London, and has become known all over the world for Its service of befriending the suicidal, depressed and There are 169 local branches throughout Britain, each with a local number displayed prominently in telephone directories.
The service is manned entirely by volunteers, who are carefully selected and trained. In Britain 20,000 volunteers deal with more than 230,000 new callers a year, besides the number of clients who make more than one call.
It does not require difficult skills to become a Samaritan volunteer — it simply requires a particular sort of person, says Chad Varah in his book "The Samaritans in the '70s".
An applicant's first approach is with a 'phone call to offer his services on the same number as anyone would use to call for help. The Samaritan helper who
answers the call has all the information needed to make a start in his locality.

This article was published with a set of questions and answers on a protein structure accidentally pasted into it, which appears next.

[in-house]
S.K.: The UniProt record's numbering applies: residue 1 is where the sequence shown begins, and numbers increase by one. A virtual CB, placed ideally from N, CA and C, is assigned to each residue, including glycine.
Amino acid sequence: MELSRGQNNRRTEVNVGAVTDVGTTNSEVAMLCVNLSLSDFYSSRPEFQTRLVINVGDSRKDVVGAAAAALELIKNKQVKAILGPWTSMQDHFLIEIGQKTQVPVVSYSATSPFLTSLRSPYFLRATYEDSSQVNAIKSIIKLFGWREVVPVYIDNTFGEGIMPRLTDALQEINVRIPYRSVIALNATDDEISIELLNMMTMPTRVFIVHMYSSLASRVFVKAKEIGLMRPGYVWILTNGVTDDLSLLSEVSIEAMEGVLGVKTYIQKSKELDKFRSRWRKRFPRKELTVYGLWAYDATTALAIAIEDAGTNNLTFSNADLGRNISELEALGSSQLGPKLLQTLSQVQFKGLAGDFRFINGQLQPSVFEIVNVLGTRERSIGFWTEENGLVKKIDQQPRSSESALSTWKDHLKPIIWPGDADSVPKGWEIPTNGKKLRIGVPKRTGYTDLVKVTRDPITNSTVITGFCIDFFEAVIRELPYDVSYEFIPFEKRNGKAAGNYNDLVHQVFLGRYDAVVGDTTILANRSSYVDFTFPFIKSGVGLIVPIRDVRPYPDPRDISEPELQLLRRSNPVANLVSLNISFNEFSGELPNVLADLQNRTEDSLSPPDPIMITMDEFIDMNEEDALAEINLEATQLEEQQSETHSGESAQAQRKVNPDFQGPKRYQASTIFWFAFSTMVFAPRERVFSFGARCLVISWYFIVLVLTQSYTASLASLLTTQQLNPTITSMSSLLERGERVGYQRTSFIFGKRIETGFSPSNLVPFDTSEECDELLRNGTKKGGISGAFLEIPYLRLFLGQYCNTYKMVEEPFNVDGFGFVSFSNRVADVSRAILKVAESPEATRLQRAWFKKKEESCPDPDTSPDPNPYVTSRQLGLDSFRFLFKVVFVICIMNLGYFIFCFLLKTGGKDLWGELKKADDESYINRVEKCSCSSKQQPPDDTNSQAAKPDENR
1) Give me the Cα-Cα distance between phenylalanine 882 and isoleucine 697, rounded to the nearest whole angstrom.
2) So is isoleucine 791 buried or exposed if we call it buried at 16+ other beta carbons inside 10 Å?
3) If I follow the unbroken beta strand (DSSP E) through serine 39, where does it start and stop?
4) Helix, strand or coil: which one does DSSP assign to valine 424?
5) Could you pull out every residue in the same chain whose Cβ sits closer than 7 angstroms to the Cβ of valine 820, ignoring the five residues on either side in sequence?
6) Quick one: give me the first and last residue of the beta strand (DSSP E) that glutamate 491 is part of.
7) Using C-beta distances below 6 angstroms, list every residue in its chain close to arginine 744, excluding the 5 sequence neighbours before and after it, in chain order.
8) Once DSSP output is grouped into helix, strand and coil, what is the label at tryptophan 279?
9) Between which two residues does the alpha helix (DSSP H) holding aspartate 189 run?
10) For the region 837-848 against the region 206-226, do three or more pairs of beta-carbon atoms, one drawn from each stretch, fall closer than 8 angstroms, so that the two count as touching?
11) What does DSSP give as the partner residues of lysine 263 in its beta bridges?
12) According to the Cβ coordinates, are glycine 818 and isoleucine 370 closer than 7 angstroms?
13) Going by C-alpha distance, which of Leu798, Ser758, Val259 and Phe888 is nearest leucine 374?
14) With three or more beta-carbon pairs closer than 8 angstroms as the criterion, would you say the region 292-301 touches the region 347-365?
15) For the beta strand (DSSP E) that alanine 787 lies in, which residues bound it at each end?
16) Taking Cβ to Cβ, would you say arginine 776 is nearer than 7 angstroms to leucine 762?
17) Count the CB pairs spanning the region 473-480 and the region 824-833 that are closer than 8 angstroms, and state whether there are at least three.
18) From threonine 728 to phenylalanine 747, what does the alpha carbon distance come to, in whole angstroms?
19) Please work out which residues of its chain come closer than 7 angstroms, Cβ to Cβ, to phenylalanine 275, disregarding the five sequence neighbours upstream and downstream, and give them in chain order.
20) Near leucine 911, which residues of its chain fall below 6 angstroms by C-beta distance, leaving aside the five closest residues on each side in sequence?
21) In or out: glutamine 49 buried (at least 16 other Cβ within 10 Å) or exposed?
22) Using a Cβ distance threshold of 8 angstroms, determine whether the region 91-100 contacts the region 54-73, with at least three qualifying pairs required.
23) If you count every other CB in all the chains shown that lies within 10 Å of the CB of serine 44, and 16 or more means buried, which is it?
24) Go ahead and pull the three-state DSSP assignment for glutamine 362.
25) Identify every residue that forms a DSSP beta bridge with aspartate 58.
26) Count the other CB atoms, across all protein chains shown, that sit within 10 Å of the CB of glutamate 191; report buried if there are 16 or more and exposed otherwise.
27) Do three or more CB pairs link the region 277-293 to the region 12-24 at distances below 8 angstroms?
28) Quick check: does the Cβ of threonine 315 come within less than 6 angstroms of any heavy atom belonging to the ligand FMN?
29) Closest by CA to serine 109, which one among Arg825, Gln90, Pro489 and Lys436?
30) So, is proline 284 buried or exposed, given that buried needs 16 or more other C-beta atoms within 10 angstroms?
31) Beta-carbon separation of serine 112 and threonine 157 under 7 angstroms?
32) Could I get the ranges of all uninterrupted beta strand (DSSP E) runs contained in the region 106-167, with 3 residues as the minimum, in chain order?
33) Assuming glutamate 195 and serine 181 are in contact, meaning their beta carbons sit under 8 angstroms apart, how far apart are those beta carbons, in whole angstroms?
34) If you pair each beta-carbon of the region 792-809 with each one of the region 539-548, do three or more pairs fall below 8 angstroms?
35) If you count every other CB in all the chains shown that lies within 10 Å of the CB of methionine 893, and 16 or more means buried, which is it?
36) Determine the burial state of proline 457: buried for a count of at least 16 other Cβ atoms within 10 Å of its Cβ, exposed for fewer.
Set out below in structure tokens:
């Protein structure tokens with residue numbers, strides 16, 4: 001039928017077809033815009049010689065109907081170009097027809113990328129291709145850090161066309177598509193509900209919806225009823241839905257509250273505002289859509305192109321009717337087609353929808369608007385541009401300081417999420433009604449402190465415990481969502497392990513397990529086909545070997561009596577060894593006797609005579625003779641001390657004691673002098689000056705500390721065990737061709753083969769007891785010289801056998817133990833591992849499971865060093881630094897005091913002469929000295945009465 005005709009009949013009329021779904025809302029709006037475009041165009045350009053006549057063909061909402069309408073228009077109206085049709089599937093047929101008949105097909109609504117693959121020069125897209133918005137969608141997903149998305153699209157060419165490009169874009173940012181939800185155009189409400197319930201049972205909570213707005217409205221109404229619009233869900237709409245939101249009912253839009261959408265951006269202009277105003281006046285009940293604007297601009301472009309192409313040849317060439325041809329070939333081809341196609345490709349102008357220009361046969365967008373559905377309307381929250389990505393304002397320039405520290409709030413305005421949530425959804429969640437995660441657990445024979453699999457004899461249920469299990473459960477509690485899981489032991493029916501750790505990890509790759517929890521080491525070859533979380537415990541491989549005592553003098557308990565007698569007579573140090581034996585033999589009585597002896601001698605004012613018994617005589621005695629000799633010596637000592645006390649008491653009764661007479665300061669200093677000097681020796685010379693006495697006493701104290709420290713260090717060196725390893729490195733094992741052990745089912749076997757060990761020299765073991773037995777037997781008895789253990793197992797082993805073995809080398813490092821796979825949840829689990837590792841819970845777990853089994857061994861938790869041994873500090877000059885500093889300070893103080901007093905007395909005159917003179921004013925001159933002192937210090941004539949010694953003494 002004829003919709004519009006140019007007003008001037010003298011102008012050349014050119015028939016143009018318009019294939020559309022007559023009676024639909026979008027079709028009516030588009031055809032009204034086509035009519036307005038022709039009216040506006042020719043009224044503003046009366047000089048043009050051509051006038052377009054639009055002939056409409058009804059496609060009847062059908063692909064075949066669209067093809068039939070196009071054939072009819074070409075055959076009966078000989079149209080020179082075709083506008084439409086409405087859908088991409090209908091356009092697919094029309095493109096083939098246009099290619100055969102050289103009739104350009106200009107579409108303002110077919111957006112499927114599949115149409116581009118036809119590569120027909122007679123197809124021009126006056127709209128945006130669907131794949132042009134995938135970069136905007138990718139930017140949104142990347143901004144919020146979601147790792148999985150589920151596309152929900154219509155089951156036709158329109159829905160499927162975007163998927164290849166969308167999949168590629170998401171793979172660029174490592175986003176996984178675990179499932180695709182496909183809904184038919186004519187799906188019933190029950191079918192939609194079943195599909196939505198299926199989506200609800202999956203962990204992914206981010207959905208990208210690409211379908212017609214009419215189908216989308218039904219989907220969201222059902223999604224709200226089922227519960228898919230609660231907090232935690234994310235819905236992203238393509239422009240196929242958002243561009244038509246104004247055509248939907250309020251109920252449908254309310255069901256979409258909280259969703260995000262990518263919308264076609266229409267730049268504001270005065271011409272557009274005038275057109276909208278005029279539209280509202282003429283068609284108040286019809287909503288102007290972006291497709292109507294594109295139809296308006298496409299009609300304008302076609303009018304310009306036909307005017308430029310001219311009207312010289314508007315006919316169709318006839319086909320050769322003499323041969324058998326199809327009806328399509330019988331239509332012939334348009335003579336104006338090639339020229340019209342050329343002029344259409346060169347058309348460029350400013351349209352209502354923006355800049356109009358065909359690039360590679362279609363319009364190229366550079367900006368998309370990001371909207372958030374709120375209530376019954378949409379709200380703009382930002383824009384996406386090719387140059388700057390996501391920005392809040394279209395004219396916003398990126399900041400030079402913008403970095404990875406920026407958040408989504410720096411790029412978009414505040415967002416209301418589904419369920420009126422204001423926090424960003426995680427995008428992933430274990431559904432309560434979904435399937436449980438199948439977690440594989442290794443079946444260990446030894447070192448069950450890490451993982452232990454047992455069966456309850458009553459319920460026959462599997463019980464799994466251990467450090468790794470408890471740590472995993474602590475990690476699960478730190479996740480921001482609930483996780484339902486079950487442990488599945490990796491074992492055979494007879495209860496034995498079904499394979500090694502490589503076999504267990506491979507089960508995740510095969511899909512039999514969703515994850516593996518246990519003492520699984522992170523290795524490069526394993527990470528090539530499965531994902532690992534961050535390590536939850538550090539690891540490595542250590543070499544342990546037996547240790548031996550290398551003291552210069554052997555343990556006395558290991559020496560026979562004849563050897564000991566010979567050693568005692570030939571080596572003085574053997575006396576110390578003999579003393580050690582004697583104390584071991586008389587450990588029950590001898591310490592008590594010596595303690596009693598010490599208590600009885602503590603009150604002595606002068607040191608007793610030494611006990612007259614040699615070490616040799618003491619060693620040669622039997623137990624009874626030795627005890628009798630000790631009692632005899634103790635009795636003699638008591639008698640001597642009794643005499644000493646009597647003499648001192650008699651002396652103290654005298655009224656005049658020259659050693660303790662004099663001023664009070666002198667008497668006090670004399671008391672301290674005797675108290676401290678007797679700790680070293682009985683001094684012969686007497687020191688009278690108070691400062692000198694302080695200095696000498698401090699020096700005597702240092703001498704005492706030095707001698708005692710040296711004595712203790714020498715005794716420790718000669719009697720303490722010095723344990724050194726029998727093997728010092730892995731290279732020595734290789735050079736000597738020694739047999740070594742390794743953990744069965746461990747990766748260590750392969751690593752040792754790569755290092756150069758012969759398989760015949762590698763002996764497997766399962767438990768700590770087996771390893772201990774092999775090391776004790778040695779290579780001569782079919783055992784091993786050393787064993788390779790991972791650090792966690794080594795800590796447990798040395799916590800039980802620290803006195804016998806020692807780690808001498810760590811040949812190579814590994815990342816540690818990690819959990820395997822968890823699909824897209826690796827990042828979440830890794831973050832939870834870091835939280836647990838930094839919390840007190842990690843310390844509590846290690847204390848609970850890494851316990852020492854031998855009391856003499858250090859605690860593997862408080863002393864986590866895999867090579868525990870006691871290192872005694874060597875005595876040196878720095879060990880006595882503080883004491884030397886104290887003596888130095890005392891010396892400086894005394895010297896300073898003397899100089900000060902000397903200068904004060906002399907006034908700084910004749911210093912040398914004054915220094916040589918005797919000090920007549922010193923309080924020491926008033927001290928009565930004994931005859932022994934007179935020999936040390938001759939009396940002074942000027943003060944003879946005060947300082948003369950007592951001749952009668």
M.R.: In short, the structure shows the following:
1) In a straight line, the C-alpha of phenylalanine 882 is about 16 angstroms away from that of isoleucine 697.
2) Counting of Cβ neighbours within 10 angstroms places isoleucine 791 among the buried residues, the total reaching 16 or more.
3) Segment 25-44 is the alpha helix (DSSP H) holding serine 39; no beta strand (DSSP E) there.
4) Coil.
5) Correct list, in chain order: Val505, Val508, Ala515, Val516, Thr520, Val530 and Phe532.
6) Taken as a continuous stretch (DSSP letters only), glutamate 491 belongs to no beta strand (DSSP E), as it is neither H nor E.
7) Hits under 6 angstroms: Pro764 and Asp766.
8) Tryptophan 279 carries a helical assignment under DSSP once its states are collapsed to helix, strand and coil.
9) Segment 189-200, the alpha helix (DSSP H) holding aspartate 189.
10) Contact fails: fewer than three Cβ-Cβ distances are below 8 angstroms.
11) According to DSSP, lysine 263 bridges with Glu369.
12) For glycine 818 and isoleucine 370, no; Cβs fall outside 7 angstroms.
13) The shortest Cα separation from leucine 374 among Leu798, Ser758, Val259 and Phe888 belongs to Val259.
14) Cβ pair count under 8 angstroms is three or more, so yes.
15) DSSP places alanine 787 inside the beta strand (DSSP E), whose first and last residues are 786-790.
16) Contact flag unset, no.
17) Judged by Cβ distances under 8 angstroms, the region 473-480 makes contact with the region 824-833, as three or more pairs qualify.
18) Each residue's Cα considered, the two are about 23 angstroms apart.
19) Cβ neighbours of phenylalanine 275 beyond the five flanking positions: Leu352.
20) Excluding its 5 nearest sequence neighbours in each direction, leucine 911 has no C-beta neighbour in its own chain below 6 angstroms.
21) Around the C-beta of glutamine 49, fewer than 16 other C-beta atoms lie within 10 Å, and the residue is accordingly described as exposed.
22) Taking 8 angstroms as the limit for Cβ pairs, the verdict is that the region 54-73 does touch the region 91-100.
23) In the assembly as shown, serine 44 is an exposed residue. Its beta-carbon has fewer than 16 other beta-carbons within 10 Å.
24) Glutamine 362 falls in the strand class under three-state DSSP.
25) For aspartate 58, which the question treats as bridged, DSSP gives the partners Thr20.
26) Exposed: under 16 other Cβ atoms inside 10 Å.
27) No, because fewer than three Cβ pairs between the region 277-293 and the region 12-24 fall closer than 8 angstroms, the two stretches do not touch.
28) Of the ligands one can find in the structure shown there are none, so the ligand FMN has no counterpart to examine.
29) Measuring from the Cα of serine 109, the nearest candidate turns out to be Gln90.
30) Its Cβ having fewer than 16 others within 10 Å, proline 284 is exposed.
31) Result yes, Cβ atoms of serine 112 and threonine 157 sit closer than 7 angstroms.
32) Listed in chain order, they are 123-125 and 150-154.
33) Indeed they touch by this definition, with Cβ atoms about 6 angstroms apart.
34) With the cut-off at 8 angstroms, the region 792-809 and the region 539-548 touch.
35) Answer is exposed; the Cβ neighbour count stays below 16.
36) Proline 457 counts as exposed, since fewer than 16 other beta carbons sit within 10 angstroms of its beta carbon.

Applicants who get through the "vetting Interview" attend at least six preparation classes. These continue the organisation's selection procedure. The classes are about befriending.
The preparation classes not only teach a great deal that will be useful in the work later on, but also show up any attitudes which may make someone unsuitable for work as a Samaritan volunteer.
Observation duty follows for those who emerge successfully from the preparation classes — to see what goes on, of course, but also to be observed by experienced Samaritans. The new volunteers then start in the probationary category of helpers.
As soon as it appears likely that the helpers have the Samaritan qualities, and are also still keen, they are promoted to members.
Initial enquiries about volunteering to work with the Samaritan service should be made by 'phone on the local Samaritan number. Chad Varah's book "The Samaritans in the '70s" is published by Constable at £1.95.